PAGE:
June 5, 2015

Exposure AnxietyDoes your child get you to turn the door handle or pick his toys up? Do you sometimes catch him doing things or perhaps even hear him talking or singing to himself when he thinks he’s alone? Does he avoid using personal pronouns? Or is his speech non existent or limited to a few ‘safe’ words or phrases?

If so it is possible that he suffers from Exposure Anxiety (EA); a condition which was identified by Donna Williams in her book Exposure Anxiety—The Invisible Cage. Although the roots of this problem are complex it is similar but far more severe than social anxiety disorder.

EA can be quite crippling as it it causes the person to feel acutely self-conscious and leads to a persistent and overwhelming fear of interaction.  And that makes any attention from other people feel potentially threatening so that the child feels ‘exposed’ each time someone looks at him, talks to him or even compliments him.

Most children cope with this by attempting to ‘block out’ the triggers.  That can lead to some strange reactions as he may ignore the people he likes most or respond to direct praise by losing interest or disowning (or even destroying) his achievements.

The concept of exposure anxiety challenges many common assumptions such as:

* The child is rejecting – for although his actions may indicate that, they do not necessarily relate to his real feelings.
* Stereotyped behaviors should be discouraged – which misses the fact that such behaviors can often be positive – acting as a gateway to learning, a reward, or even a pressure valve which helps the child unwind when he is particularly stressed.
* Bad behavior should be ignored and good behavior should be praised – for while this works for many children, it is counter-productive for children who cannot cope with direct attention.

So how can you help? The best way is to approach things INDIRECTLY so that you avoid triggering the child’s anxiety. Some of the following ideas seem a little strange to start with but even so they can prove extremely effective with some children:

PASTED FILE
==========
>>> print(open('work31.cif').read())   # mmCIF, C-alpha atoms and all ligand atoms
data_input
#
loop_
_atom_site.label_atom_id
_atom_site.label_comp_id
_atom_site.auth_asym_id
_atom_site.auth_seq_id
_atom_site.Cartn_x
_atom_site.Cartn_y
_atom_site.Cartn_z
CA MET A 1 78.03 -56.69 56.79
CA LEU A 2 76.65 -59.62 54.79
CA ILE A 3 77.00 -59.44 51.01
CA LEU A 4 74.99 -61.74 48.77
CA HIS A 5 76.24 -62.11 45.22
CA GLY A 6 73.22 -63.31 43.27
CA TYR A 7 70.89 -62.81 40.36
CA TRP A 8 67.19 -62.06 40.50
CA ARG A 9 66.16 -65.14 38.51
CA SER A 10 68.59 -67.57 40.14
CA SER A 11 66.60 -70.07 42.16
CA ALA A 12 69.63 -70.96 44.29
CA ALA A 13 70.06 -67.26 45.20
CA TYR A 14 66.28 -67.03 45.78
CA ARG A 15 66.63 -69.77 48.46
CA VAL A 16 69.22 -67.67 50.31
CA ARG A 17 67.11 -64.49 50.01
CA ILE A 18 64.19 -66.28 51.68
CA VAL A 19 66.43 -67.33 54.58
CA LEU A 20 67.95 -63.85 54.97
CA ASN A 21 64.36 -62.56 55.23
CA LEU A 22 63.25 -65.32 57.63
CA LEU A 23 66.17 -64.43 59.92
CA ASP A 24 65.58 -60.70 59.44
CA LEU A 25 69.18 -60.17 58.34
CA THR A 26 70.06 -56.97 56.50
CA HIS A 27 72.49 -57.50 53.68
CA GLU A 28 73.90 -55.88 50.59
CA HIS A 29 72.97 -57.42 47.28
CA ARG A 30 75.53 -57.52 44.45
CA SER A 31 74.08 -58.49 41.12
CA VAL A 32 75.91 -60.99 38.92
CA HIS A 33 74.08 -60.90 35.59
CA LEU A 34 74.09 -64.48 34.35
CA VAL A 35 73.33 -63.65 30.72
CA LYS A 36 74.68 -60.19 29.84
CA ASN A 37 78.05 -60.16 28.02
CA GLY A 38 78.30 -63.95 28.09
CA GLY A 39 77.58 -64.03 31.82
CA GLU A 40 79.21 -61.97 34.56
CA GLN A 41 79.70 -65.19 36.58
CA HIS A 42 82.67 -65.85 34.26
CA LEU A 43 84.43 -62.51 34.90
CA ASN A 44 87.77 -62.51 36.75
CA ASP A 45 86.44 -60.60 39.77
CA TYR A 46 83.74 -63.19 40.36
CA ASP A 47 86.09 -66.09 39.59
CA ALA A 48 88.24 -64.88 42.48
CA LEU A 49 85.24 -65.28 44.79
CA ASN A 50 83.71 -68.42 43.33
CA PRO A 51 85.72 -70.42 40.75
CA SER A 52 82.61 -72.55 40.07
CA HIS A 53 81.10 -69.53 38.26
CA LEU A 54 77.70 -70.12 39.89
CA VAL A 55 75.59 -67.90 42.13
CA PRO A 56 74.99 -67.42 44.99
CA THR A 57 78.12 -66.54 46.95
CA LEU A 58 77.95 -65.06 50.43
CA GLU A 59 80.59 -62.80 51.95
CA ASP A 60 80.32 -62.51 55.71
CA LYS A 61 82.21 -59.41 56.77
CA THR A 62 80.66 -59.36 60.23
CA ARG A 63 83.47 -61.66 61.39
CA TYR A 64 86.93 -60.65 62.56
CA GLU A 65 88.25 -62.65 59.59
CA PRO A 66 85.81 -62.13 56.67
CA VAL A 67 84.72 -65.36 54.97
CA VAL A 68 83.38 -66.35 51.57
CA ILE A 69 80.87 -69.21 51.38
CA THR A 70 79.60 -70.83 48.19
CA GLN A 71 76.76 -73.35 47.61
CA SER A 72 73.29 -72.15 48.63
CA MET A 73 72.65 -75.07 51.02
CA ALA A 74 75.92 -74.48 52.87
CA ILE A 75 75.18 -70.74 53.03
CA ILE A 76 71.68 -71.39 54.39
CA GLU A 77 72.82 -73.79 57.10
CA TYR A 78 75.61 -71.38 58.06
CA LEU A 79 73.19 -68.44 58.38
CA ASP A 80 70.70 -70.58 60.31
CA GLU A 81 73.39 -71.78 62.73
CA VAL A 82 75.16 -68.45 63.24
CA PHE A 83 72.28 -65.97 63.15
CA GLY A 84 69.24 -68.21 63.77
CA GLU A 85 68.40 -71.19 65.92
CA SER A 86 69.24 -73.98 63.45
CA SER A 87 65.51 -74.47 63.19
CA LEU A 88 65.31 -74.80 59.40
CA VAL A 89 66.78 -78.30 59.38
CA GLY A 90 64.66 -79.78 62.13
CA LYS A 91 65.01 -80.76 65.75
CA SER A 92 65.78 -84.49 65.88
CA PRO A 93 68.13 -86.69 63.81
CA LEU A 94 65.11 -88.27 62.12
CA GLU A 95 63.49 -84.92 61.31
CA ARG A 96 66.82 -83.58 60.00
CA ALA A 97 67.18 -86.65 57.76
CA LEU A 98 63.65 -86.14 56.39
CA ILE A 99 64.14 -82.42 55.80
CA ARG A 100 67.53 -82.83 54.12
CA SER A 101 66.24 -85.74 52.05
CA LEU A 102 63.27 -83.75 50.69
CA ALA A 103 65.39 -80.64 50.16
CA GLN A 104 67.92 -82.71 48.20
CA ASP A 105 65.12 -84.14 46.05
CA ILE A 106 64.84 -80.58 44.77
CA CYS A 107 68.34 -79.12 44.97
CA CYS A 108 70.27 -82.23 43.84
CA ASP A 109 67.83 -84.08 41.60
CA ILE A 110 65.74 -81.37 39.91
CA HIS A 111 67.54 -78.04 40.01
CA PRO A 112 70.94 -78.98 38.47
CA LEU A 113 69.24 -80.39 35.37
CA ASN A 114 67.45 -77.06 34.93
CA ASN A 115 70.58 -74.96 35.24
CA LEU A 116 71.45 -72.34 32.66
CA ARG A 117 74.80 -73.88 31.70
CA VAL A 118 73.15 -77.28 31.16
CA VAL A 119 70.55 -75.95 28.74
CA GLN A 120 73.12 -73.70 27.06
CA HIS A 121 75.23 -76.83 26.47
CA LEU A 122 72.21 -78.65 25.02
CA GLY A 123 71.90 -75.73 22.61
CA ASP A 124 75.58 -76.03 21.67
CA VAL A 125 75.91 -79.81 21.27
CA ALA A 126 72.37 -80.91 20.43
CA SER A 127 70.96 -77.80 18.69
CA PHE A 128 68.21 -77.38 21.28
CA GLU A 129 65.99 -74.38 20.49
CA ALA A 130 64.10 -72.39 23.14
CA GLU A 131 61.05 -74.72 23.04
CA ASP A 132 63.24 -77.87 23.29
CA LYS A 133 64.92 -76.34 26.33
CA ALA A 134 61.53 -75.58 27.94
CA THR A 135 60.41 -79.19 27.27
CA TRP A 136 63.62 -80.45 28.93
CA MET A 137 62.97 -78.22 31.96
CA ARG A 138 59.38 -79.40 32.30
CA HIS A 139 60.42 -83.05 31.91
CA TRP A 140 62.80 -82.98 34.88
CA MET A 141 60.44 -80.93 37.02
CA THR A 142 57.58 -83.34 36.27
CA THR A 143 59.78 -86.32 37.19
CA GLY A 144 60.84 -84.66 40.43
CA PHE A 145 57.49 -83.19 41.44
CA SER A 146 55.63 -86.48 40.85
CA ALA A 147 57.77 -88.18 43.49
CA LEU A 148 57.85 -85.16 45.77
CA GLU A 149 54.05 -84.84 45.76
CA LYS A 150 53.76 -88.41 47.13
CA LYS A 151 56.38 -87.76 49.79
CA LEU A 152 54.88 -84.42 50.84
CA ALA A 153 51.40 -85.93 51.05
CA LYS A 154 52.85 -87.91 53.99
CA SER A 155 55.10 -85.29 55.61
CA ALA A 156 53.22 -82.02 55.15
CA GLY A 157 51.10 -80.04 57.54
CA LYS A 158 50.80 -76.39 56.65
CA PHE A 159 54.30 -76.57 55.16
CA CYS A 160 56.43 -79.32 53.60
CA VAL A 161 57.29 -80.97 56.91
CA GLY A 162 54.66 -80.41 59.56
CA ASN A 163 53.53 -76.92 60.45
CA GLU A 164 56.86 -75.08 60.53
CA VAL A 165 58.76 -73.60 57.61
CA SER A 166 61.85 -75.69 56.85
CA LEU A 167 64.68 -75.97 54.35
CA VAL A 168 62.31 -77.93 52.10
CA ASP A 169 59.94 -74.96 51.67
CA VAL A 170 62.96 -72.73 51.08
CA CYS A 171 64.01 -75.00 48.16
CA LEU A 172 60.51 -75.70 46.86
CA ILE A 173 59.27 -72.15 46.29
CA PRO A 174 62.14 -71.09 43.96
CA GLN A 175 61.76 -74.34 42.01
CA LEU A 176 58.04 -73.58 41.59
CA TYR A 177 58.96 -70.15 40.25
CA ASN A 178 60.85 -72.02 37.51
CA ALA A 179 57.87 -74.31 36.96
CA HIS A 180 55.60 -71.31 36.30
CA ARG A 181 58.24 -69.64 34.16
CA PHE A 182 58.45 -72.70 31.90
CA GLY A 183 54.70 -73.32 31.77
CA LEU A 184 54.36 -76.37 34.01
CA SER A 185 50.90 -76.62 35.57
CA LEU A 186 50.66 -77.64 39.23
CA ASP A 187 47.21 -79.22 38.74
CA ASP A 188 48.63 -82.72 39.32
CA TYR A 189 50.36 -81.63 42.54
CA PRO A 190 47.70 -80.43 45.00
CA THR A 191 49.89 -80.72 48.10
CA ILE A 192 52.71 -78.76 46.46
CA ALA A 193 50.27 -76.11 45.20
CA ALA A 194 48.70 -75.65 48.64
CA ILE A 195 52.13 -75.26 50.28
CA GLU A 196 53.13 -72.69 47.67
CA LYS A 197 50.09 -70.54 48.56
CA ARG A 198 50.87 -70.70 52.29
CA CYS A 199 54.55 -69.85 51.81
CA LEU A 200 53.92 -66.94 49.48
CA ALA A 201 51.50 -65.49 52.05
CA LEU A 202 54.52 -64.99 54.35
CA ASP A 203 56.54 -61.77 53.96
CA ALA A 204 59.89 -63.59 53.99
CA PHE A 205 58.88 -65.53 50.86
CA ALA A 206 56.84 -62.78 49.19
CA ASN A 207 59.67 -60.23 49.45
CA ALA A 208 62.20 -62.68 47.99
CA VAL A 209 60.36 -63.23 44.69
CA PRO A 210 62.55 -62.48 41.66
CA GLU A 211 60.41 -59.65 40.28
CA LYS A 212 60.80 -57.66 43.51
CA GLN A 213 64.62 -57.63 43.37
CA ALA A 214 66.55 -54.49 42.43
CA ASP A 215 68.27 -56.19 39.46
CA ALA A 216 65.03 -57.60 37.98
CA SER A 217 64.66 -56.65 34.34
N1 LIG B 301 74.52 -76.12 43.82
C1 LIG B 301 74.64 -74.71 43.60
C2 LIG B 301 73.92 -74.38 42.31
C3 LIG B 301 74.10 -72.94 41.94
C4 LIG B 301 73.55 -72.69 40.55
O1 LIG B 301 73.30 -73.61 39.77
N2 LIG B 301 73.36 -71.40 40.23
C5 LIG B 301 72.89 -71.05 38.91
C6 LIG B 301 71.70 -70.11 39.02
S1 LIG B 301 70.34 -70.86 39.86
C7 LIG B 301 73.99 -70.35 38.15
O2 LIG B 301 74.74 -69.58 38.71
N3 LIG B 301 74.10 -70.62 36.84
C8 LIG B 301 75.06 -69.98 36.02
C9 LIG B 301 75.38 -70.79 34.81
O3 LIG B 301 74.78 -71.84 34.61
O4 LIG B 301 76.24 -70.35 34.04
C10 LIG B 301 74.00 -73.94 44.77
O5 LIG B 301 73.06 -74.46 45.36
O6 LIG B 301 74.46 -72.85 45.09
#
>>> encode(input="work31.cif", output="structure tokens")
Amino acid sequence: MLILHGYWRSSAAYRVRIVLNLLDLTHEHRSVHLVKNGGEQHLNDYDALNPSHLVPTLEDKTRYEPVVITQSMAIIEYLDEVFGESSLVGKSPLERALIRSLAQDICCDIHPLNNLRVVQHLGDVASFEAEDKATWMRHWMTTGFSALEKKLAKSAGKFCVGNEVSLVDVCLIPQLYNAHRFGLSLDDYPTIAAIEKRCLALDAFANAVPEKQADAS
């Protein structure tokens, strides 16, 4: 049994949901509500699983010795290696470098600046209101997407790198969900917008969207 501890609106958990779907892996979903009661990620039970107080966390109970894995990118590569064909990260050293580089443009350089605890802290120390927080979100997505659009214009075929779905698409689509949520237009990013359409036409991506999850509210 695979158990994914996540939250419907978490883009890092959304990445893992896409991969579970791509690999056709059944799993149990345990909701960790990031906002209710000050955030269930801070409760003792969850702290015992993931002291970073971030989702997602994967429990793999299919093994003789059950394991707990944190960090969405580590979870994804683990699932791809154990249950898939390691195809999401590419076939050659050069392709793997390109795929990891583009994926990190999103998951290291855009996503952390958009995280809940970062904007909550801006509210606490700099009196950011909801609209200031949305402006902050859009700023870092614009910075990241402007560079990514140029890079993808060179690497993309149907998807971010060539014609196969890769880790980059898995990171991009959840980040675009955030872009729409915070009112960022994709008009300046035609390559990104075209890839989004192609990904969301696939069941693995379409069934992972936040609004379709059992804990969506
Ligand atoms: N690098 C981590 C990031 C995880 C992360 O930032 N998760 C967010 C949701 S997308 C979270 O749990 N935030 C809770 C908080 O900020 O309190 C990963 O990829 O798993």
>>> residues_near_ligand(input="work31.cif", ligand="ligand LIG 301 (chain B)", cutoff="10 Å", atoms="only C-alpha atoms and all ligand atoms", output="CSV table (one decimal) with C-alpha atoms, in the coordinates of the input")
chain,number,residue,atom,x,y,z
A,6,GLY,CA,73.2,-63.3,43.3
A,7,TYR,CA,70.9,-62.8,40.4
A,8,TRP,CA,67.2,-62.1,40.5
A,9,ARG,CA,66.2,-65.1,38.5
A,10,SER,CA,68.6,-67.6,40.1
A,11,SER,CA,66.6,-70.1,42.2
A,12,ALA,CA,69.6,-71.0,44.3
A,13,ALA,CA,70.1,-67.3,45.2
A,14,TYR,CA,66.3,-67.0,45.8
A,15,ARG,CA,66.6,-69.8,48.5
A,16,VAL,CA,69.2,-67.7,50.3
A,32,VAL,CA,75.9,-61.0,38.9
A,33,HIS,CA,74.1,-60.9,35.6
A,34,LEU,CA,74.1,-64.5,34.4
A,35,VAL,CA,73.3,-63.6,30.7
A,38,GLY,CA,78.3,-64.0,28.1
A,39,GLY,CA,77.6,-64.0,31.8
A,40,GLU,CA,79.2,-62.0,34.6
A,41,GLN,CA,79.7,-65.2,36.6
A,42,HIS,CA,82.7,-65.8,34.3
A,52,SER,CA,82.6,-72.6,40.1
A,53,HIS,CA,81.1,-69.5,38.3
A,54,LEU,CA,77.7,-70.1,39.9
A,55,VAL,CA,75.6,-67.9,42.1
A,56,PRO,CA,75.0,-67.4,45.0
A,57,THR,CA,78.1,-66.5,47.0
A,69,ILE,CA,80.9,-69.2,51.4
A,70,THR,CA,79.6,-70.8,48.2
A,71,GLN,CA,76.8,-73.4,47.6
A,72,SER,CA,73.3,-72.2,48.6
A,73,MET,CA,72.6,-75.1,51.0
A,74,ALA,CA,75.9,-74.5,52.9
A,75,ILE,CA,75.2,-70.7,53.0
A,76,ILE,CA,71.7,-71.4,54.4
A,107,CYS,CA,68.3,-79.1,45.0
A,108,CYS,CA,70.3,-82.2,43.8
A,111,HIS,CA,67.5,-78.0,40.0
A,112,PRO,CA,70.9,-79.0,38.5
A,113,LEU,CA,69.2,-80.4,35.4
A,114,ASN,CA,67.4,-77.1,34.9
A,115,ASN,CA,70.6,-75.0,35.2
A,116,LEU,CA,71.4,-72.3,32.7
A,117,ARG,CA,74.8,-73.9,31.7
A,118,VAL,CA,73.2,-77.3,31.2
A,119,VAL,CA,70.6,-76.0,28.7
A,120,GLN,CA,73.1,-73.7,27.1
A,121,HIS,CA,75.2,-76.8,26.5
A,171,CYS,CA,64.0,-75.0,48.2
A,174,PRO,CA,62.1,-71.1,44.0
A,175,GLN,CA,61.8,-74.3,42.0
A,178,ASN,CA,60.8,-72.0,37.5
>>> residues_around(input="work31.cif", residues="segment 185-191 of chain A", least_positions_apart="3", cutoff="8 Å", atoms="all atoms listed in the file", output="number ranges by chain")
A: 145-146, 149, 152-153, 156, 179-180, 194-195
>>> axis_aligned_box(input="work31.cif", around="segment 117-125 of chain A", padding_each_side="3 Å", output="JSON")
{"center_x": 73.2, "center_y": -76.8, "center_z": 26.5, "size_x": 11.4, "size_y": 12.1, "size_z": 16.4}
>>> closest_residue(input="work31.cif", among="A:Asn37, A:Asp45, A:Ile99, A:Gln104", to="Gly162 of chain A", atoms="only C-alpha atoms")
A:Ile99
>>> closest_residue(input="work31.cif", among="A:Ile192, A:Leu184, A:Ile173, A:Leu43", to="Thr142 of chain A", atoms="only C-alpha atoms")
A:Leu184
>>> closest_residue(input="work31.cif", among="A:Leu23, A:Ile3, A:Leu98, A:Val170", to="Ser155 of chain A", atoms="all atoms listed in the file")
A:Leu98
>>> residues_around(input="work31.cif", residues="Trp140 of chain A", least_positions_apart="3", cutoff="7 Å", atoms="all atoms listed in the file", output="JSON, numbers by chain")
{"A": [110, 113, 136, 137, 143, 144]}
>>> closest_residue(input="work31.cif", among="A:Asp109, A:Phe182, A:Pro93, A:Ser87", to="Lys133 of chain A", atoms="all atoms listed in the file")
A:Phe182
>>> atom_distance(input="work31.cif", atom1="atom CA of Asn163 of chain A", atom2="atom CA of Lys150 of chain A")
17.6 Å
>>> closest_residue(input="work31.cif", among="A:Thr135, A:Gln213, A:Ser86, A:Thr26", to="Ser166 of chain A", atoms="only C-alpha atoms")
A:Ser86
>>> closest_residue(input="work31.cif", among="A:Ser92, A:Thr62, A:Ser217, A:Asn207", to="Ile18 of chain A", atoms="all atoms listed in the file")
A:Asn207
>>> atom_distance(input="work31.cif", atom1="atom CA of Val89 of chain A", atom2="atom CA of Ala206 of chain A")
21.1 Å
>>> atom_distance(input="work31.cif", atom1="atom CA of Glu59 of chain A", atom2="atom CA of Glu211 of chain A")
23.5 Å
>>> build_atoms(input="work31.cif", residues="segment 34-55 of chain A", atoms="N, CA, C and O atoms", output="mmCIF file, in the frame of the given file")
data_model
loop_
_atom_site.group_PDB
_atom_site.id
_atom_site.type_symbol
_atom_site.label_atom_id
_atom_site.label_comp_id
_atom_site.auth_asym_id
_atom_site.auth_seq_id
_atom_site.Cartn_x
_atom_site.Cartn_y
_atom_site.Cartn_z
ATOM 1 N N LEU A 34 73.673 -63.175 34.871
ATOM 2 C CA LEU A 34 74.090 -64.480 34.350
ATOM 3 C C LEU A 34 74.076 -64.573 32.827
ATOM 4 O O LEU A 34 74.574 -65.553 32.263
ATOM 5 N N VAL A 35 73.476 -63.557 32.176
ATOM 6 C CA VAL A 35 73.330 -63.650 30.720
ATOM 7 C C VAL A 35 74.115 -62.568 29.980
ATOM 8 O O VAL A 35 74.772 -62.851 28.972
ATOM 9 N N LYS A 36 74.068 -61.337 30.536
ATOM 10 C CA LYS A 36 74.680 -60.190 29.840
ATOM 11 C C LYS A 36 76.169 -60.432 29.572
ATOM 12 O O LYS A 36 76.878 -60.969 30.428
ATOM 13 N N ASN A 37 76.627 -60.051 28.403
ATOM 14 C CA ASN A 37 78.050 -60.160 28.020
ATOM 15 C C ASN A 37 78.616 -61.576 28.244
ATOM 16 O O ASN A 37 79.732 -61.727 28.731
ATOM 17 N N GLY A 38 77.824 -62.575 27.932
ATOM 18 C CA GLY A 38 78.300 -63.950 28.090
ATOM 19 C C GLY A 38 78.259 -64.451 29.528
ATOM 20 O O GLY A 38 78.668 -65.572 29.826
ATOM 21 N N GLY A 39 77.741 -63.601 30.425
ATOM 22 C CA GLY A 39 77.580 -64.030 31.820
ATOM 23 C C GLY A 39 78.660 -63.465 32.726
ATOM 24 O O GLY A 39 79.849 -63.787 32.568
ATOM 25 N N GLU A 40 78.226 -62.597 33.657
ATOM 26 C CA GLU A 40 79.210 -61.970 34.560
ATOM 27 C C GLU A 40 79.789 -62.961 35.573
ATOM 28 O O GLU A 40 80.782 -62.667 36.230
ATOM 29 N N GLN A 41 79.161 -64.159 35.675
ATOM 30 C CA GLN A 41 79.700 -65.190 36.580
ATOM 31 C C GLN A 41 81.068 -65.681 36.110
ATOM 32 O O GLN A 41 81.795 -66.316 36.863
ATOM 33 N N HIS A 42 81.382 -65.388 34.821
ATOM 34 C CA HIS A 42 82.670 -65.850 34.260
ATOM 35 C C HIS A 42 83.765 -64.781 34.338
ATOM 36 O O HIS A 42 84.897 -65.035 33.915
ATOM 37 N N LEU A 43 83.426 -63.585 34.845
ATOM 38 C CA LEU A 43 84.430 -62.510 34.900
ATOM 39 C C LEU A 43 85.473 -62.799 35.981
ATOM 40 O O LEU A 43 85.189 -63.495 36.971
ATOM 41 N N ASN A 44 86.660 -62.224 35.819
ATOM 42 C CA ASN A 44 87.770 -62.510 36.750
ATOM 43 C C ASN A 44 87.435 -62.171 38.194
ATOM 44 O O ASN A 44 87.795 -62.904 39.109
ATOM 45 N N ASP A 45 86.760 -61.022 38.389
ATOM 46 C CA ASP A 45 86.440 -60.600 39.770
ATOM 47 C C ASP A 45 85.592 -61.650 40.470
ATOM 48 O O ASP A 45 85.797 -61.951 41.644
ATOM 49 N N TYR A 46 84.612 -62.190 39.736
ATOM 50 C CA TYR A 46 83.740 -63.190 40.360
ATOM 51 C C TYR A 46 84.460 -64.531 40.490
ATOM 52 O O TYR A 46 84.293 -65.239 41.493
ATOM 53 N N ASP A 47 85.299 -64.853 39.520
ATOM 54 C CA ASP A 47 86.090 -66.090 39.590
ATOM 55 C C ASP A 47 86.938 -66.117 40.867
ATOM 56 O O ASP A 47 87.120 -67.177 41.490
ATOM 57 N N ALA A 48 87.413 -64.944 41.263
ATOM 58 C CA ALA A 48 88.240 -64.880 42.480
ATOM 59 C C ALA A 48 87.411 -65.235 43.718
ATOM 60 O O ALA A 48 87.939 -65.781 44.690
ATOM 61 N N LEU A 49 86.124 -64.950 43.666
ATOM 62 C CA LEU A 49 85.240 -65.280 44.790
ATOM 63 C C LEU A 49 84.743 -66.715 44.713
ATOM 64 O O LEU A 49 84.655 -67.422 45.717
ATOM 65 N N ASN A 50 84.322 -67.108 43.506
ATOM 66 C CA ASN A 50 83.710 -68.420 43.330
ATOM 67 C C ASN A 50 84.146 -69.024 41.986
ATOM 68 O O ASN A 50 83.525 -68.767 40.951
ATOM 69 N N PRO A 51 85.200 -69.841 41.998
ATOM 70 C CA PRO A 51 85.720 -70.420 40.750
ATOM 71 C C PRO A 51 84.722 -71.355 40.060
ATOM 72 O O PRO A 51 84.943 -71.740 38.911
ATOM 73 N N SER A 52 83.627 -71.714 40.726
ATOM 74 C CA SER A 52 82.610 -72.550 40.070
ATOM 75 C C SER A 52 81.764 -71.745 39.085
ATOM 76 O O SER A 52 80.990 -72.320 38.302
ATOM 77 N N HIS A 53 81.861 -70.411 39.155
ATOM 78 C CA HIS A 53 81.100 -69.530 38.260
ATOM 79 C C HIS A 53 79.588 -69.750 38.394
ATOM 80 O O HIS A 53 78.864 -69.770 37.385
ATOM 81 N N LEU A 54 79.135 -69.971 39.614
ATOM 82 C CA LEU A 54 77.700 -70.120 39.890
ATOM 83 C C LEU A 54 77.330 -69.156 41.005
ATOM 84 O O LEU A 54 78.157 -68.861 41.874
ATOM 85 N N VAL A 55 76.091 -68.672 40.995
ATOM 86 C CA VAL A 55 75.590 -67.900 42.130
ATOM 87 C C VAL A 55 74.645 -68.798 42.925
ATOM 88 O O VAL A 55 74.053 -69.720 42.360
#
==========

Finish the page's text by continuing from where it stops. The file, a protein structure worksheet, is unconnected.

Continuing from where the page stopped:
Tops tips

* Indirect communication

– There are times when he wants to do something, but is unable to ask. If so try asking him to do things for another person.  Thus if you think he needs the toilet, suggest he takes a sibling there, as once there he may use the toilet himself.
– If you wish to discuss a particular situation, try talking about it quietly to yourself when you know he can hear. Alternatively, take advantage of his super-sensitive hearing by talking to someone else about it or by talking to a non-existent person on the phone.
– If mealtimes are difficult use a similar approach, suggesting (to someone else) that he should eat separately until he can cope. (If he then joins you at the table, don’t comment – and don’t expect it to happen every time).

* Don’t praise or comment on his achievements directly as he may abandon or destroy them. If you want to reward him, comment indirectly, praising the items he used rather than him, for example, “those crayons drew that picture well”, or alternatively use a star/sticker system which focuses on the achievement rather than on him.

* If he uses you to carry out his actions for him begin by doing things for him and then try to remove your support gradually so that he has to do something himself to complete the action like fetching the biscuit tin for him but only partially opening the lid before you go to do something else.

* Swap roles, for example, when painting or playing an instrument so that you use his hand to make a picture in the sand, bang a drum, etc.

* Model things by using them while he is in the room – but don’t show him how to use them directly as he might reject them altogether.

* Introduce new toys or equipment by leaving them in his room or around the house for him to find but do remember to ignore him if/when he begins to show an interest or use them.

Got tips of your own?  Please share them.

 Autism and Anxiety –  The Shapes of Fear

About the author 

Stella Waterhouse

Stella Waterhouse first came across autism in the late 1960s when she met three very different children, all of whom shared the same diagnosis. She began researching autism in 1990 and is a published author of several books including A Positive Approach to Autism which attracted good reviews from such well known autism experts as Donna Williams and Paul Shattock OBE. She has also authored a series of concise but informative books for parents and teachers, and is currently completing her forthcoming series The Autism Code.

For more information see www.autismdecoded.com

  • This isn’t limited to children. Adults can experience a lot of this too – I particularly identified with the third paragraph. It’s easy to forget that autism is a lifelong condition.

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